That said there are waves of new winemakers who are producing great wines. Just this week I had a terrific Cinsault from Alexandre Durand of Peira Levada in Faugeres, Dynamite. Fruity, enjoyable but with a lovely mineral streak of freshness and complexity. With this new wave in France and around the world those of us who enjoy natural wine are still in safe hands.

Author: amarch34

I'm a recently retired (early!) teacher from County Durham in North east England. I am going to be spending most of the next year in the Languedoc leaarning about wines, vineyards and the people who care for both.

10 thoughts on “Natural news

  1. What I think the main problem is with the term “natural wine” is that it lends itself as a stick with which its detractors can beat it. As for faulty natural wines, they exist, of course, but on a wine forum recently, when asked to name names detractors could only mention one producer, and one whose wines are generally held to have got less “faulty” in recent years at that. This was a group of “knowledgeable” men complaining about natural wine, but only one poor winemaker was directly named.

    Bandwagon jumping is inevitable. The genre is not only successful but it has captured the imagination of a new demographic, and the big boys are not blind to the preferences of younger drinkers. But the label doesn’t always dominate the wine. Many Australian, and certainly South African, winemakers go about making wine in a natural way without shouting about it. Increasingly, wines are being made this way and I’m sure the genre will gain perfect acceptance once the dinosaur critics have moved on.

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    • ” Many Australian, and certainly South African, winemakers go about making wine in a natural way without shouting about it.”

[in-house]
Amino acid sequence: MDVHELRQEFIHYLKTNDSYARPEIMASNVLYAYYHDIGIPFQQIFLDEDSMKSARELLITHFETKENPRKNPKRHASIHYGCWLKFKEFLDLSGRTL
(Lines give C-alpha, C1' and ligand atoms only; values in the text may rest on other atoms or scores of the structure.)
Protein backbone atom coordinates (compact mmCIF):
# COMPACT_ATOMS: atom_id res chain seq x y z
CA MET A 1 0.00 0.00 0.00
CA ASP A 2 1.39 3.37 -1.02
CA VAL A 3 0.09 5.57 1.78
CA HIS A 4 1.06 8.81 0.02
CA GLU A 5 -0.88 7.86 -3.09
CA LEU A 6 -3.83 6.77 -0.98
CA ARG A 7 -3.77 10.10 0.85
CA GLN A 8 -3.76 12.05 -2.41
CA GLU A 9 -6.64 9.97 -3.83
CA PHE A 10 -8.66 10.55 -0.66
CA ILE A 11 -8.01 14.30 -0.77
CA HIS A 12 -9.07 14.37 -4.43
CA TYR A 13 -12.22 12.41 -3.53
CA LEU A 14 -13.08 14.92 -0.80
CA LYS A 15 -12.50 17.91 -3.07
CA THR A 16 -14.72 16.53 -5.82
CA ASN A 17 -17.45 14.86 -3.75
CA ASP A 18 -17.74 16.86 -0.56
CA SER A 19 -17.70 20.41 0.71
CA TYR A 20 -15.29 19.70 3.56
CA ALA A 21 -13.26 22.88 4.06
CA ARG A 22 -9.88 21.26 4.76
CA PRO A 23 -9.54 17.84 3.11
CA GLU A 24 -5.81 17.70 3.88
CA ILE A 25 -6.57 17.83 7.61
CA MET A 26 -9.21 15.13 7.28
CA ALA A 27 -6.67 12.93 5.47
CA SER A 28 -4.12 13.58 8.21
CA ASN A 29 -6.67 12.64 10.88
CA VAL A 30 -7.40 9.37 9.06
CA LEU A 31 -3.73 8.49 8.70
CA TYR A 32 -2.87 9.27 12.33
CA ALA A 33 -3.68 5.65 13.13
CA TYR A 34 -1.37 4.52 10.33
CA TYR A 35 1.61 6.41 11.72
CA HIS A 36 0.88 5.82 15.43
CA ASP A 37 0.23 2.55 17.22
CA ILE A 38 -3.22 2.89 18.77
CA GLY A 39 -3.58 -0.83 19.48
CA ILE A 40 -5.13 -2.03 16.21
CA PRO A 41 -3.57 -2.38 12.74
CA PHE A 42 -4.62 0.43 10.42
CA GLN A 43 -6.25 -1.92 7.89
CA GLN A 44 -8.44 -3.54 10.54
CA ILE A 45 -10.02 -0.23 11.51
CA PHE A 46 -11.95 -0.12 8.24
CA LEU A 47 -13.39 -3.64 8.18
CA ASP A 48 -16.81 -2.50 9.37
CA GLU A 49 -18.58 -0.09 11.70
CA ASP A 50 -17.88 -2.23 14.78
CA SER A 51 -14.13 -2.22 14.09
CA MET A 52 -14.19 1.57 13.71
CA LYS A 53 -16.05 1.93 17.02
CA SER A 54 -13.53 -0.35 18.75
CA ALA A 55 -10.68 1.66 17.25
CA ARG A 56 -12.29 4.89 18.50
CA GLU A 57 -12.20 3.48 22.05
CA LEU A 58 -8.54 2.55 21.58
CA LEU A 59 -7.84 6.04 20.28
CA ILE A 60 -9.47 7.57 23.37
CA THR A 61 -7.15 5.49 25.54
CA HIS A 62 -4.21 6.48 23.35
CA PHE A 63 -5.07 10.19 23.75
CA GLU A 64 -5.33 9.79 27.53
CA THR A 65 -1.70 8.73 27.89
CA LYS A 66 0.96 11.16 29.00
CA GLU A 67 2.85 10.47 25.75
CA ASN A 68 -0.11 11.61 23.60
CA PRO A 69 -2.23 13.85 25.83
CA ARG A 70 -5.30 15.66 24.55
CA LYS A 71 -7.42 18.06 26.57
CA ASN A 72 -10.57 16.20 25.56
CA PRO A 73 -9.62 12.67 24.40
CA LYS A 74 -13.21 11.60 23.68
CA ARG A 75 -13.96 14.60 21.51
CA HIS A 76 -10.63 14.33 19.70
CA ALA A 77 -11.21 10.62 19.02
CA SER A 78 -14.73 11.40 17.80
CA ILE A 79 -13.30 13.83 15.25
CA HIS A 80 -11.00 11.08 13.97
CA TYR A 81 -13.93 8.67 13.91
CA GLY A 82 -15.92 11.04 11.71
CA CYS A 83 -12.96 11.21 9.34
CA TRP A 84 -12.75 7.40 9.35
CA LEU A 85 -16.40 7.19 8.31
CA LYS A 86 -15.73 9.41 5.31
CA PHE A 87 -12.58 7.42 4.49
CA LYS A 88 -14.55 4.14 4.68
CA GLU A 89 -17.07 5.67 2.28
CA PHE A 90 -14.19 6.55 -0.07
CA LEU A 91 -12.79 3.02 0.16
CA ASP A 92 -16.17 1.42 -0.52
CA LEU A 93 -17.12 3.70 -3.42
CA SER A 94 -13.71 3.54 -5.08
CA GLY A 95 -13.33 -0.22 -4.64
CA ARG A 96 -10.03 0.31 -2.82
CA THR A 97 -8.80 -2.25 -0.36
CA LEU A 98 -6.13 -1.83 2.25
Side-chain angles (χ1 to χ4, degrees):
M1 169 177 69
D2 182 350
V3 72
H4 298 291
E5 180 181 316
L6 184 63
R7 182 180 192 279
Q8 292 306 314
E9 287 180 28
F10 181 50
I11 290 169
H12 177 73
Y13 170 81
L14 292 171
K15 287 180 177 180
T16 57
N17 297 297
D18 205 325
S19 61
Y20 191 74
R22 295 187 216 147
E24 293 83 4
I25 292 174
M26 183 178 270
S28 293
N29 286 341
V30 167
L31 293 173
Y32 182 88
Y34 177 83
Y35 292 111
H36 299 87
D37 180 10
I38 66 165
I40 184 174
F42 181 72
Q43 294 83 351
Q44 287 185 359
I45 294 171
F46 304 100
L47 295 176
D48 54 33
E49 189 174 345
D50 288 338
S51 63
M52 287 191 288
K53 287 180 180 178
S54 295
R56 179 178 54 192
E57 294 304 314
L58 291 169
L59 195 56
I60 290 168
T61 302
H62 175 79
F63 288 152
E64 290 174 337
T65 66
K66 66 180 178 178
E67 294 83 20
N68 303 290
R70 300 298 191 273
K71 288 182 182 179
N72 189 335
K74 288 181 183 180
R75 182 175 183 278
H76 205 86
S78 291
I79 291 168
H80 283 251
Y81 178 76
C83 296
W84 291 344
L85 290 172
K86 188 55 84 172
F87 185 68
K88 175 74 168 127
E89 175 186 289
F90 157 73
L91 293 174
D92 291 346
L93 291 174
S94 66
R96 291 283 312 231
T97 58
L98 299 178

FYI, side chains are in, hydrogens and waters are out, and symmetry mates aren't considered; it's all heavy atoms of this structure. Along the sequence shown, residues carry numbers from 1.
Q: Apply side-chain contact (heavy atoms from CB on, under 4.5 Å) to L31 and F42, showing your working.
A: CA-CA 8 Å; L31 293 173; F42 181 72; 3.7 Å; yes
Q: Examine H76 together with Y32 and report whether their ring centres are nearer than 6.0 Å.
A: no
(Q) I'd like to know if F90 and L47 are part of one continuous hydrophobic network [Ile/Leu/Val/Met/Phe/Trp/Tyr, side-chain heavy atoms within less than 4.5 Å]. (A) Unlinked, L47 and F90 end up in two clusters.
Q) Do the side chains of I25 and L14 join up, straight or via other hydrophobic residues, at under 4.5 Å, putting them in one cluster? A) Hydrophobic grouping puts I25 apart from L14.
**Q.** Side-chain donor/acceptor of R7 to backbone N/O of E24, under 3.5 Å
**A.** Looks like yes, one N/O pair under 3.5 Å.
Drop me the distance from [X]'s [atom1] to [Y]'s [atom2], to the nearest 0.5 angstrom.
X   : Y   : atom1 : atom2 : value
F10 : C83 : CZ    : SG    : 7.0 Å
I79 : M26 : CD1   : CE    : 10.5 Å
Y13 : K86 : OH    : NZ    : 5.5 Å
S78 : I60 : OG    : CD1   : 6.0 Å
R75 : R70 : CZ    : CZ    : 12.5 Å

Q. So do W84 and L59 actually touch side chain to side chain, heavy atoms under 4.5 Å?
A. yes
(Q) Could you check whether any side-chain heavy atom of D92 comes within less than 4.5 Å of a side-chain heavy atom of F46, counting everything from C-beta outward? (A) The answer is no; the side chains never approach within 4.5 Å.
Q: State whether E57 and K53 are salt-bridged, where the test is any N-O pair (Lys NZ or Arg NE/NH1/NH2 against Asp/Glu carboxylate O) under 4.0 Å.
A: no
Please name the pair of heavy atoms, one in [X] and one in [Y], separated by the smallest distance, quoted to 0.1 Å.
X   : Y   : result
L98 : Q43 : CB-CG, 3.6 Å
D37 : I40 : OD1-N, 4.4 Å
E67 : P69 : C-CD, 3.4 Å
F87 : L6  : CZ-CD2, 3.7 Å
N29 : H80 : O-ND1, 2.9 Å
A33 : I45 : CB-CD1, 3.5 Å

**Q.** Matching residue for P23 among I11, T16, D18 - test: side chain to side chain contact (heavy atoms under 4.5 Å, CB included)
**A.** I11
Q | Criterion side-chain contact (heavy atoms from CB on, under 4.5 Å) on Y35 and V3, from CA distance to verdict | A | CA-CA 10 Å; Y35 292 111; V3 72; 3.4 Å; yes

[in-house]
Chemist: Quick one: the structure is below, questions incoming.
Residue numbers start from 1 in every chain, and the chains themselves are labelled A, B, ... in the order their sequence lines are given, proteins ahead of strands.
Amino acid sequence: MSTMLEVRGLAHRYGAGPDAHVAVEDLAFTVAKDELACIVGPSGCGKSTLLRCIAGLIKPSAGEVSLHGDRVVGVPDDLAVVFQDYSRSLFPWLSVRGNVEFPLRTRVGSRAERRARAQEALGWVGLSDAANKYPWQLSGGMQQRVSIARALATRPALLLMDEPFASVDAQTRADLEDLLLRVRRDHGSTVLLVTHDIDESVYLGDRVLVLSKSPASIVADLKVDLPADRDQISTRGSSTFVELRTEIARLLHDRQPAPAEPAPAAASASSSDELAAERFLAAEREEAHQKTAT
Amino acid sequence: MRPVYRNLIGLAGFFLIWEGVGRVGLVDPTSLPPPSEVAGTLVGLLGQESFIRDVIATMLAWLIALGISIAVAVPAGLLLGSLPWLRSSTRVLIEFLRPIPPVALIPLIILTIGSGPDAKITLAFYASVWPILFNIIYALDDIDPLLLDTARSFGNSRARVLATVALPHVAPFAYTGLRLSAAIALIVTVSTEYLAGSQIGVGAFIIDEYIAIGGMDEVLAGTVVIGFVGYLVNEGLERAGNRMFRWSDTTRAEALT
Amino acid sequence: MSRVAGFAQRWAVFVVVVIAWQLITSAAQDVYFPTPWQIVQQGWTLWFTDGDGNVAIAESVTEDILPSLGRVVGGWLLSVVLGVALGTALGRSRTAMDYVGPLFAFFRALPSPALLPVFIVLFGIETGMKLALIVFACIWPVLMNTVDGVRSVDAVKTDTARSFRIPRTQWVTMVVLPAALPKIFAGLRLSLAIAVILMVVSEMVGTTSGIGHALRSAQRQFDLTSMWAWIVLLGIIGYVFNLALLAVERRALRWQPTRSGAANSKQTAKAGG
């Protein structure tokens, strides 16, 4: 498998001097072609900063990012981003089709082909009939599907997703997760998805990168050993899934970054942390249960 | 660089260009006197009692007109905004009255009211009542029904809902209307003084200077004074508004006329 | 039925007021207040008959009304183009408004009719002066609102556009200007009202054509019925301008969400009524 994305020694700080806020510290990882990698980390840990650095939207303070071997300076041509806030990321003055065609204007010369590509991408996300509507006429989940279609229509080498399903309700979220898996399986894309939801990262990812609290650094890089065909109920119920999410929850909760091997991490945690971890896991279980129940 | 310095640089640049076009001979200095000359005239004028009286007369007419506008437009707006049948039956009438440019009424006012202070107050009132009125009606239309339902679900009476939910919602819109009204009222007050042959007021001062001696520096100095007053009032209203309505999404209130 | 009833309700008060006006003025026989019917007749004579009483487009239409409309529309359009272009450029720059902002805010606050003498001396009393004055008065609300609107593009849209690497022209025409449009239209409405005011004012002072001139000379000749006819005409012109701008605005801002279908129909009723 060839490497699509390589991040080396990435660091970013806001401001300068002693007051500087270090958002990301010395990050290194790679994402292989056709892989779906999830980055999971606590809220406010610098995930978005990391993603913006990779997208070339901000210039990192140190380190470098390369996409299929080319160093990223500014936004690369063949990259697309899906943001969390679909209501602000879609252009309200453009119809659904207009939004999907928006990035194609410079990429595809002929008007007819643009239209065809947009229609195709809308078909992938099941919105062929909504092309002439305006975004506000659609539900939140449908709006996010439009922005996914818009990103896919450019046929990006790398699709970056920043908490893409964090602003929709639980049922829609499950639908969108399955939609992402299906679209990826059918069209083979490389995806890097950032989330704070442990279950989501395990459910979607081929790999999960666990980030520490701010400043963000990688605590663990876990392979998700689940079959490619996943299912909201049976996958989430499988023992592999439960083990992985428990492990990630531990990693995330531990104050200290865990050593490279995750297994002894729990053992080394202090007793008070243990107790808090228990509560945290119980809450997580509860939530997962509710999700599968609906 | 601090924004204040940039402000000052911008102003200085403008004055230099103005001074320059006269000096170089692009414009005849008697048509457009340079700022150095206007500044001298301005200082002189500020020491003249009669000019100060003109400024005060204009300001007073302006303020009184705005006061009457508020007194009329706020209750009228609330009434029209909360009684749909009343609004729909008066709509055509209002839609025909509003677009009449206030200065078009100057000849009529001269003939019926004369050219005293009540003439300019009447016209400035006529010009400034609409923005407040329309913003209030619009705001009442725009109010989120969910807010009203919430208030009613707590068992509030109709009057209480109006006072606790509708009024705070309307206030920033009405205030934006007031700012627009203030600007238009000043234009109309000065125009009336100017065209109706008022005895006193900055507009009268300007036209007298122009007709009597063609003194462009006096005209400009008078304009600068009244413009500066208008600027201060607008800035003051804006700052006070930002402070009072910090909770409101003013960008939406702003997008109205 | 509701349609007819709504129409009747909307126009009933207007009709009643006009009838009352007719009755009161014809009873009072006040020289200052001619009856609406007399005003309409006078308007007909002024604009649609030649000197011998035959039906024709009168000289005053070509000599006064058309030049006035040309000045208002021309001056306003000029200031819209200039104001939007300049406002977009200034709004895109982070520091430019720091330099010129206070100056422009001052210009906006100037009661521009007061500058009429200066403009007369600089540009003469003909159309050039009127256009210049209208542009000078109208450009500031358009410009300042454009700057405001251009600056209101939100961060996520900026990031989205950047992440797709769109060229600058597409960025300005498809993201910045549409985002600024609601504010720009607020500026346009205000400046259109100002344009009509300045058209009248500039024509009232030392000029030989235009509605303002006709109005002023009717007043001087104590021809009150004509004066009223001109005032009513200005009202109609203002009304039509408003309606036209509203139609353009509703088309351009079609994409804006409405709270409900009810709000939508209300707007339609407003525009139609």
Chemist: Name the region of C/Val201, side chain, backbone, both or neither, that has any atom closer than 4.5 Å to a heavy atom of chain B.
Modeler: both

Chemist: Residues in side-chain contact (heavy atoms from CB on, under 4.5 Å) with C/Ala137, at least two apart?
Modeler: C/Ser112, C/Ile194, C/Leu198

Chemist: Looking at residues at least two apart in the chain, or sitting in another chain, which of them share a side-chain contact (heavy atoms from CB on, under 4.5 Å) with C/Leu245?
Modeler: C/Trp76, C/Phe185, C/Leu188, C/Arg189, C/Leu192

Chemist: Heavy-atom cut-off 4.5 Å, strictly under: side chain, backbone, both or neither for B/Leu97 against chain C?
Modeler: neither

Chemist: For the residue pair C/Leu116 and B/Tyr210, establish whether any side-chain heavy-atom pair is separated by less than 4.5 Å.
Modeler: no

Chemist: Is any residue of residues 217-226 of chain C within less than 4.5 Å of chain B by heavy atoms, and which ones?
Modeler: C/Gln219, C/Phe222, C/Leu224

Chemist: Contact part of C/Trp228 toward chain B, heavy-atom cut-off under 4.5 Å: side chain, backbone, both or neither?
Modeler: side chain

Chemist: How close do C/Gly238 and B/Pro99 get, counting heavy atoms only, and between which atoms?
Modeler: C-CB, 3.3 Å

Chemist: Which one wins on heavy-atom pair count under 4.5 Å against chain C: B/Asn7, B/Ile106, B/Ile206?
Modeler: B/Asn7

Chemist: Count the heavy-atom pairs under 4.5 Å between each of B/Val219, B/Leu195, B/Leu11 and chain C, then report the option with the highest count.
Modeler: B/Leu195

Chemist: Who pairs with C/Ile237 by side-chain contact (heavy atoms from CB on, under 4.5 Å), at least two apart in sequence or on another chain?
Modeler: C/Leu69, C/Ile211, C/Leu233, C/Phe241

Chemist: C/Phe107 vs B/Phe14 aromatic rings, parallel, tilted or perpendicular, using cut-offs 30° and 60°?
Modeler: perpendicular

I’ve visited hundreds of French wineries over the years, and only once, fairly recently, did anyone use the term “natural wine” or some French equivalent. And most of them have been small wine producers, many of them organic and/or biodynamic.

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  2. Couldn’t agree more. In The Adelaide Hills producers were simply getting on with the winemaking and leaving it to others to categorise the wine. Unfortunately the term has become pejorative. Great wines like Alexandre’s just go to show that great winemaking defies such categorisation – it’s just really good to drink

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  3. I think people get far too hung up about the use of the word “natural”. It’s just a word, which for the most part I believe people understand in the context of wine. And I feel the same way about “orange” wines for example. Is it really a problem that orange wines are more amber than orange? Do we also need to talk about purple and yellow wines, rather than red and white? Or, to return to “natural”, does use of the term really imply that other wines are unnatural? No it doesn’t – no more that using the term “organic” implies that other wines are inorganic. Is it a problem that “still” wines move if you swill your glass? I could go on, but you will be pleased to know I won’t 🙂